Friends who met in quake now re­unite

Four strangers brought to­gether by the Kaiko¯ura earth­quake re­united for the first time this week. Alice An­geloni re­ports.

Sunday Star-Times - - News -

It was just past mid­night when the 7.8-mag­ni­tude earth­quake rat­tled Kaik­oura; Dick White got out of his mo­torhome and howled at the sky.

Stand­ing be­side State High­way 1 be­tween Kaik­oura and Blen­heim, White as­sessed his ve­hi­cle’s dam­age, said a karakia and, un­der the light of a full moon, roared three times.

‘‘It was a way of re­leas­ing a wee bit of ten­sion,’’ White said.

He con­tin­ued driv­ing north, his car crawl­ing along the coast avoid­ing boul­ders, slips, and a bridge that had risen about 30 cen­time­tres.

Not far along, Ce­leste Sharplin sat on train tracks over­look­ing the beach, hop­ing the mo­torhome she over­took on the way had sur­vived. Sharplin had to­talled her car when she hit a risen bridge at 100kmh.

See­ing a car, she ran bare­foot and cry­ing, wav­ing her arms. In White’s head­lights, he saw her.

This week, Sharplin and White, to­gether with mo­torhome driver Doug Thom and train driver Paul Fos­kett, were re­united in Kaik­oura, where they had all come to­gether as strangers that Novem­ber night last year, when the quake struck.

‘‘When I saw them all and I heard all their voices and saw their faces, it all came back to me, it was sur­real,’’ Sharplin said.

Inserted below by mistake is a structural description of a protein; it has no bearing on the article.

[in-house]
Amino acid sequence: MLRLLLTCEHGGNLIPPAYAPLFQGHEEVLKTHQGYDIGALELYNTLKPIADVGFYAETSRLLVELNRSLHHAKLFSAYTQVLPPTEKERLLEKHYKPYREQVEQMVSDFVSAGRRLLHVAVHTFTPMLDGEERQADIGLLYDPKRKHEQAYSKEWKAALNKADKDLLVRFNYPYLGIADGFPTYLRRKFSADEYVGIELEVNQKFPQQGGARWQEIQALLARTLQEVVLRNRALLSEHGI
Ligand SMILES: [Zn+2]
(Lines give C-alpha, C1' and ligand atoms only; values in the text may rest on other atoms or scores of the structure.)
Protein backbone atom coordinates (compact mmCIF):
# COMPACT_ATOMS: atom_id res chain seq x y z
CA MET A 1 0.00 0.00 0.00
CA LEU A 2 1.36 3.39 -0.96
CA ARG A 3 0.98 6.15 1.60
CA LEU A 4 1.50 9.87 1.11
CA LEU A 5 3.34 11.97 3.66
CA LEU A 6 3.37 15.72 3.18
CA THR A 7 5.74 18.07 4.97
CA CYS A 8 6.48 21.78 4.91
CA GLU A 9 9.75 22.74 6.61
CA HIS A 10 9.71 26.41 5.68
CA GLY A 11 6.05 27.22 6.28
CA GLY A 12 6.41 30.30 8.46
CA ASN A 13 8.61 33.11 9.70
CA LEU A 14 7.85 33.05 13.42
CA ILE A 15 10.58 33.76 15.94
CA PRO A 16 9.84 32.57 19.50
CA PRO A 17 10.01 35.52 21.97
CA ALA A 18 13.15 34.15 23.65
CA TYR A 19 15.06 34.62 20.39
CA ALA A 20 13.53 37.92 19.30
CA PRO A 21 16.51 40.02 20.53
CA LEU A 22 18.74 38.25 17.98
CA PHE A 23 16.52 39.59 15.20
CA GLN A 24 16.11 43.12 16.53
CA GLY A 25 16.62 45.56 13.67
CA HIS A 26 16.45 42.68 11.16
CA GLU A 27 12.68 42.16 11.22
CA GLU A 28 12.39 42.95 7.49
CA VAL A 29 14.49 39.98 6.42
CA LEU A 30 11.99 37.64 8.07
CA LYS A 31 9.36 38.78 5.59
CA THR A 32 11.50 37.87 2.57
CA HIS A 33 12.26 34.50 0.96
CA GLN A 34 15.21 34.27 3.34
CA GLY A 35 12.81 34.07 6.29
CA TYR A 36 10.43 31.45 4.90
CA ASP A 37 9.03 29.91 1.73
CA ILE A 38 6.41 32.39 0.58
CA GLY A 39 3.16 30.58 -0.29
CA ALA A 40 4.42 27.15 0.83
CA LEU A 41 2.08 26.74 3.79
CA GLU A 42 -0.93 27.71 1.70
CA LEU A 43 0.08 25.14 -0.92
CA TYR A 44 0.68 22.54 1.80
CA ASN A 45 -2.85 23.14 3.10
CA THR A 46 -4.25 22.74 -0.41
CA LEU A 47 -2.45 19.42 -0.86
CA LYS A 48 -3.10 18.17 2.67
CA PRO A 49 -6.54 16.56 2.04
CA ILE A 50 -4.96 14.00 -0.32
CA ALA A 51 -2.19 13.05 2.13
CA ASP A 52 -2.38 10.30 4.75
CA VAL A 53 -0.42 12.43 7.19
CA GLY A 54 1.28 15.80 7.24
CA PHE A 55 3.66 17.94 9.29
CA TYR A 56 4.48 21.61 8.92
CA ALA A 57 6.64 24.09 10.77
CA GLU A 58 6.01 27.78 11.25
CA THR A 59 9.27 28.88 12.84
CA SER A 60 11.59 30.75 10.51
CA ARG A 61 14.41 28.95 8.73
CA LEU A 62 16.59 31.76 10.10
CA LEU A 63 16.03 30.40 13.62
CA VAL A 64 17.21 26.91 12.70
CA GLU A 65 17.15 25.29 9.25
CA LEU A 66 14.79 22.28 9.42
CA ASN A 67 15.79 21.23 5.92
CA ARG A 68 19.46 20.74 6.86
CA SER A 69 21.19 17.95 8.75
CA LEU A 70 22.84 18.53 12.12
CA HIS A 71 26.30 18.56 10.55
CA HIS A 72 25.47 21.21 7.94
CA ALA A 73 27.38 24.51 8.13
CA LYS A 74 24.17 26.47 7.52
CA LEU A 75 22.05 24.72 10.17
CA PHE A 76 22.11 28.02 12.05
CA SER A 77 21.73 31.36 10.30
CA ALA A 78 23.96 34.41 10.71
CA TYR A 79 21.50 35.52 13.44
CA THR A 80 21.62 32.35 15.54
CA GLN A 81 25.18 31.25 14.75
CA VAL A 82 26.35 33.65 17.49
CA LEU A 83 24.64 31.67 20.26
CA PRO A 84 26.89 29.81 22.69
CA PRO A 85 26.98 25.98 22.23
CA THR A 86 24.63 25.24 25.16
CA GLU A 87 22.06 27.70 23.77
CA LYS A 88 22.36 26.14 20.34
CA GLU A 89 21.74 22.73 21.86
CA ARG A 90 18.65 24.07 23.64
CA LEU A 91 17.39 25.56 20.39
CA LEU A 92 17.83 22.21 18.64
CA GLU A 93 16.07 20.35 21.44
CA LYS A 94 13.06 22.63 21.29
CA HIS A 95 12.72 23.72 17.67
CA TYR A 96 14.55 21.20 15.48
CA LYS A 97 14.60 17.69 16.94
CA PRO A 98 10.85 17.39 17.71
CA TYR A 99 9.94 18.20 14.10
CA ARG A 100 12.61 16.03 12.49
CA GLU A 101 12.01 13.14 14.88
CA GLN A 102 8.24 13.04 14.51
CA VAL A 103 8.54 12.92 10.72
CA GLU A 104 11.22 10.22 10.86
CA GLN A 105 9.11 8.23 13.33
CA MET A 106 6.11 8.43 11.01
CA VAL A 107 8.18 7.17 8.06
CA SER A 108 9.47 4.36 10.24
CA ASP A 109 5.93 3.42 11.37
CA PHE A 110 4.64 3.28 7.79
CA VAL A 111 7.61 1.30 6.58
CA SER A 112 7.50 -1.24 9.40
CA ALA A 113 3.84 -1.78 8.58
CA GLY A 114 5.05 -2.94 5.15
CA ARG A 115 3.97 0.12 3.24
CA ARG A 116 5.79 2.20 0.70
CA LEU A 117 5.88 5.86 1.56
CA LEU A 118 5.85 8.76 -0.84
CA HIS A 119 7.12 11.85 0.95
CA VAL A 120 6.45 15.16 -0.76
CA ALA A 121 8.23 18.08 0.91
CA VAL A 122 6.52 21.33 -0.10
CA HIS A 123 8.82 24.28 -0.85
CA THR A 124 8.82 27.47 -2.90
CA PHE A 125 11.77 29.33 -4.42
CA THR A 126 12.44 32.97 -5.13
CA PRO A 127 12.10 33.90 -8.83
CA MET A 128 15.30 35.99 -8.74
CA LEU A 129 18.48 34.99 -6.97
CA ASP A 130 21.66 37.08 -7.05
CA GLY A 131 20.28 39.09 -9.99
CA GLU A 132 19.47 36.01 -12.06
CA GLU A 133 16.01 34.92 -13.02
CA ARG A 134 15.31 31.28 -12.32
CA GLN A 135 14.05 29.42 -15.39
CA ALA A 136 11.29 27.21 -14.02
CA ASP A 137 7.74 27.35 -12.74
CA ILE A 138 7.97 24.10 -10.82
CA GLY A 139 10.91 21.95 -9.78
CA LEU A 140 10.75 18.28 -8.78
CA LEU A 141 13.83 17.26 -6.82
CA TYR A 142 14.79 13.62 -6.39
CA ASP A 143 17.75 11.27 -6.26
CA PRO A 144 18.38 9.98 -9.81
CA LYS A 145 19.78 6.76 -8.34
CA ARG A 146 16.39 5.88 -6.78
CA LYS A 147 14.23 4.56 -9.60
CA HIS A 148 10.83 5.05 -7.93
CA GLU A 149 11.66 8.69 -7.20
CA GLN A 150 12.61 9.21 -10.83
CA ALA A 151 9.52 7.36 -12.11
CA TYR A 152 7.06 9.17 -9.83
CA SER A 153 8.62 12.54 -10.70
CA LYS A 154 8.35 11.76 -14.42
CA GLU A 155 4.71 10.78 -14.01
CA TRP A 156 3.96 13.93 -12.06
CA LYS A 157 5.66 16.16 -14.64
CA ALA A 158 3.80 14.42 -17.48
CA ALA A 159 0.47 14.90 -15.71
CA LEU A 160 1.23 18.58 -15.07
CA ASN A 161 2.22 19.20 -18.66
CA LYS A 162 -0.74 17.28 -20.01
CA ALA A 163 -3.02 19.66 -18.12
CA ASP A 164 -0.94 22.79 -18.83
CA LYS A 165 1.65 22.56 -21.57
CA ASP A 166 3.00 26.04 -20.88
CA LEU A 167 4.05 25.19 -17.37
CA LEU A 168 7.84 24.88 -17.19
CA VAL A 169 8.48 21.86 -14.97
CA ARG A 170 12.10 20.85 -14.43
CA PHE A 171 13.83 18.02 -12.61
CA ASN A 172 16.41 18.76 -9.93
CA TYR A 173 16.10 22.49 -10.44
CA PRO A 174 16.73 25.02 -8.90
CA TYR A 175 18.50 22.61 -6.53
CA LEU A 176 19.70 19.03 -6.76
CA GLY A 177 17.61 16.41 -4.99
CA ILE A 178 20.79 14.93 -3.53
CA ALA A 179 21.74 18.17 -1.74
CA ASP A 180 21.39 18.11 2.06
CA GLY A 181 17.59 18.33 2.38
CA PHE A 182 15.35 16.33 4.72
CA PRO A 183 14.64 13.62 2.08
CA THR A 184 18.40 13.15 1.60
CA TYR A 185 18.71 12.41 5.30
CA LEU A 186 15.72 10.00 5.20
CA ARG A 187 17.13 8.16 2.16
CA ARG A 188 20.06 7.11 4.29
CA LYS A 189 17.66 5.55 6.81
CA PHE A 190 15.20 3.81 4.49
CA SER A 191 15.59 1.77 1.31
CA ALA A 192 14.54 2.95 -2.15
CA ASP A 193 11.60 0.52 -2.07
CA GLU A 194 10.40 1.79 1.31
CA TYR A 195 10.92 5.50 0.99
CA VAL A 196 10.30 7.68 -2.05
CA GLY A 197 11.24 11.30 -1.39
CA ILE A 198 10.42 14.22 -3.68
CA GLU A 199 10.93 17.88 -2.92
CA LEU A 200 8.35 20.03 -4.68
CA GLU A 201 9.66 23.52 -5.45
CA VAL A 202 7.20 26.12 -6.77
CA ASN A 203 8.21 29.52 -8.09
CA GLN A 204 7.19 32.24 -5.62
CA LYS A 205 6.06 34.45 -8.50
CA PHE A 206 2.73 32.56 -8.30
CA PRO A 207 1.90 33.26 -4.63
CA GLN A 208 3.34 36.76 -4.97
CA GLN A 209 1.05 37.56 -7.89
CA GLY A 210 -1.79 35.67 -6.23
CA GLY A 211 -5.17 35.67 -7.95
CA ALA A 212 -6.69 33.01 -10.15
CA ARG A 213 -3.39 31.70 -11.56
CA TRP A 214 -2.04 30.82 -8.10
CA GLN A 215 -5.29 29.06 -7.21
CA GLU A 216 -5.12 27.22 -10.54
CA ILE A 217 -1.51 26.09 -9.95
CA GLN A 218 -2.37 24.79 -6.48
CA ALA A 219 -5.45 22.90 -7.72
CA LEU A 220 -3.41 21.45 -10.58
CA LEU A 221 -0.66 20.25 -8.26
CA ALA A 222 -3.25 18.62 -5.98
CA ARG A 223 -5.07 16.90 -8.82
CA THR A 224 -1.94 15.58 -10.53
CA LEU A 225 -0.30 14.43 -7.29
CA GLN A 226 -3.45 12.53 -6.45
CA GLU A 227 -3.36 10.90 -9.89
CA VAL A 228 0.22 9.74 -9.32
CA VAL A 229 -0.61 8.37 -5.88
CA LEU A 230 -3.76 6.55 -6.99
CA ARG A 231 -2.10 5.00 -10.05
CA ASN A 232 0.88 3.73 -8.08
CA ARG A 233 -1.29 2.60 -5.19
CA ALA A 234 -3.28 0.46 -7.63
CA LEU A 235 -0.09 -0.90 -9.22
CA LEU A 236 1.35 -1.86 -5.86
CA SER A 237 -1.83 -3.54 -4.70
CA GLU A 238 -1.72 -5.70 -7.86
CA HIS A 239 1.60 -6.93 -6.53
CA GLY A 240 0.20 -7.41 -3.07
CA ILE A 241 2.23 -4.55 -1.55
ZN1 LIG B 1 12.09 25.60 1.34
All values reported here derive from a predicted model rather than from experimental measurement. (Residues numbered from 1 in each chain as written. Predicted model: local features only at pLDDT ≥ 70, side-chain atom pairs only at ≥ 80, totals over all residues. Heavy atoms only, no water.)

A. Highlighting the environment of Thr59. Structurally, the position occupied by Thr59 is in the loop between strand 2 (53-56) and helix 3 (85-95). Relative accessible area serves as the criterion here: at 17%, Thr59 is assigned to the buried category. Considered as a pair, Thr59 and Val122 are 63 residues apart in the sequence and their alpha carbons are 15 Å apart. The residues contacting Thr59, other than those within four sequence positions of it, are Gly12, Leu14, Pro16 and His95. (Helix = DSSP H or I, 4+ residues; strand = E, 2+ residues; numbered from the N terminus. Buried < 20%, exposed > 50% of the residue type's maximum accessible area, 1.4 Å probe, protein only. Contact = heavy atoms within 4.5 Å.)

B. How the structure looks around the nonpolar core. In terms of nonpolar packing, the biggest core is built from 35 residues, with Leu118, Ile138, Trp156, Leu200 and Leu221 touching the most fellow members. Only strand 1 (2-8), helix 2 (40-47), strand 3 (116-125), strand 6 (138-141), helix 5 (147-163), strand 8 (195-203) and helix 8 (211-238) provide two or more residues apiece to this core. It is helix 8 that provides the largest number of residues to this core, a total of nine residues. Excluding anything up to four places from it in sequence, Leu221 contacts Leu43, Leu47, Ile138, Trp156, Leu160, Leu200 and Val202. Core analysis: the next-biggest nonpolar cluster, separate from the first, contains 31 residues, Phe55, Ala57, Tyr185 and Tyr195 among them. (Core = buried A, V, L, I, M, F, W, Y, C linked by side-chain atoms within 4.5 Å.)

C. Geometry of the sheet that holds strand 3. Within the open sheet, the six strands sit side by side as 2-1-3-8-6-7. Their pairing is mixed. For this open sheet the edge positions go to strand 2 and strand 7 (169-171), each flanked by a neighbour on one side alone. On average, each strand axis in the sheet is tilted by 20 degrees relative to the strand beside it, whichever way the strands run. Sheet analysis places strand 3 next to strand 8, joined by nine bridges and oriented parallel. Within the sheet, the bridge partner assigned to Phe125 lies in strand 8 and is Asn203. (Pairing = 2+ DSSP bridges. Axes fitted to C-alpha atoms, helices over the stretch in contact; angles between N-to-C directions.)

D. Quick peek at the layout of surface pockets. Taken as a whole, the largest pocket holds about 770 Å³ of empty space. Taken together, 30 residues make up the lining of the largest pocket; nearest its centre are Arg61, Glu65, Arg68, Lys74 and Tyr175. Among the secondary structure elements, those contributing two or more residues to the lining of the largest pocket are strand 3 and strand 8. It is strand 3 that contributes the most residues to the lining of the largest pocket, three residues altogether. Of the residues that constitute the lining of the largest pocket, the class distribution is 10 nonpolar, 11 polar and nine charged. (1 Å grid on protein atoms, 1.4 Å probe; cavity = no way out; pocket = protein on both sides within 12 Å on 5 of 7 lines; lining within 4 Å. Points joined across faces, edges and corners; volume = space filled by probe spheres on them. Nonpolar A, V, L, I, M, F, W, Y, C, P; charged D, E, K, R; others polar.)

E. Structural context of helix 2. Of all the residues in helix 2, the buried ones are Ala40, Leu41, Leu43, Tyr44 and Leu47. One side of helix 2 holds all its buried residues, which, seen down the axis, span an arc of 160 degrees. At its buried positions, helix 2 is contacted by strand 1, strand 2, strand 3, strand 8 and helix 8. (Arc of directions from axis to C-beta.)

‘‘These were ran­dom strangers that un­der any other cir­cum­stances I never would have crossed paths with, but I’m now so con­nected to them be­cause we were with each other in the most vul­ner­a­ble state you could

pos­si­bly be in. It was al­most clo­sure to see them all again and talk about it with peo­ple who re­ally do un­der­stand.’’

The re­union was or­gan­ised after Sharplin’s sur­vival story, and on­go­ing bat­tle with nerve dam­age as a re­sult of the ac­ci­dent, was re­ported last month. Sharplin, then 19, was driv­ing from Kaiko¯ ura to Blen­heim.

As the four strangers united, hugs were ex­changed, fol­lowed by an end­less stream of chat­ter over lunch at the lo­cal pub as they re­called the night.

Sharplin hopped in White’s van and they car­ried on up the coast un­til they came to a man stand­ing on the road, madly wav­ing a torch. Fos­kett had stopped the pair mo­ments be­fore they drove into a gap where the earth had opened up. He had fin­ished his shift 10 min­utes be­fore and was on his way home to Pic­ton.

‘‘I could not hold onto the car door and keep my feet on the ground. And that’s when the ground started open­ing up,’’ he re­called.

Fos­kett was on the first pas­sen­ger train to Kaiko¯ura since the line was re­stored. At its open­ing, Prime Min­is­ter Jacinda Ardern asked him, ‘‘Were you ever scared?"

‘‘No, we were too busy to be scared,’’ he replied. ‘‘Every­body found a job to do and they did it. We got our­selves or­gan­ised.’’

This re­union was more im­por­tant to him than meet­ing the prime min­is­ter.

Thom was also sig­nalled by Fos­kett on the road. He cred­its Fos­kett for sav­ing his life.

At the re­union, Thom firmly shook Fos­kett’s hand. ‘‘I’ll take this time to thank you very much, other­wise I wouldn’t be here. I think about it quite a lot.’’

I’m now so con­nected to them be­cause we were with each other in the most vul­ner­a­ble state you could pos­si­bly be in. Ce­leste Sharplin

Kaik­oura earth­quake sur­vivors. from left, Ce­leste Sharplin, Dick White, Paul Fos­kett and Doug Thom, with part­ners Gil­lian Chuter, Judy Thom. (In­set) Sharplin has a 7.8 tat­too in mem­ory of the earth­quake.

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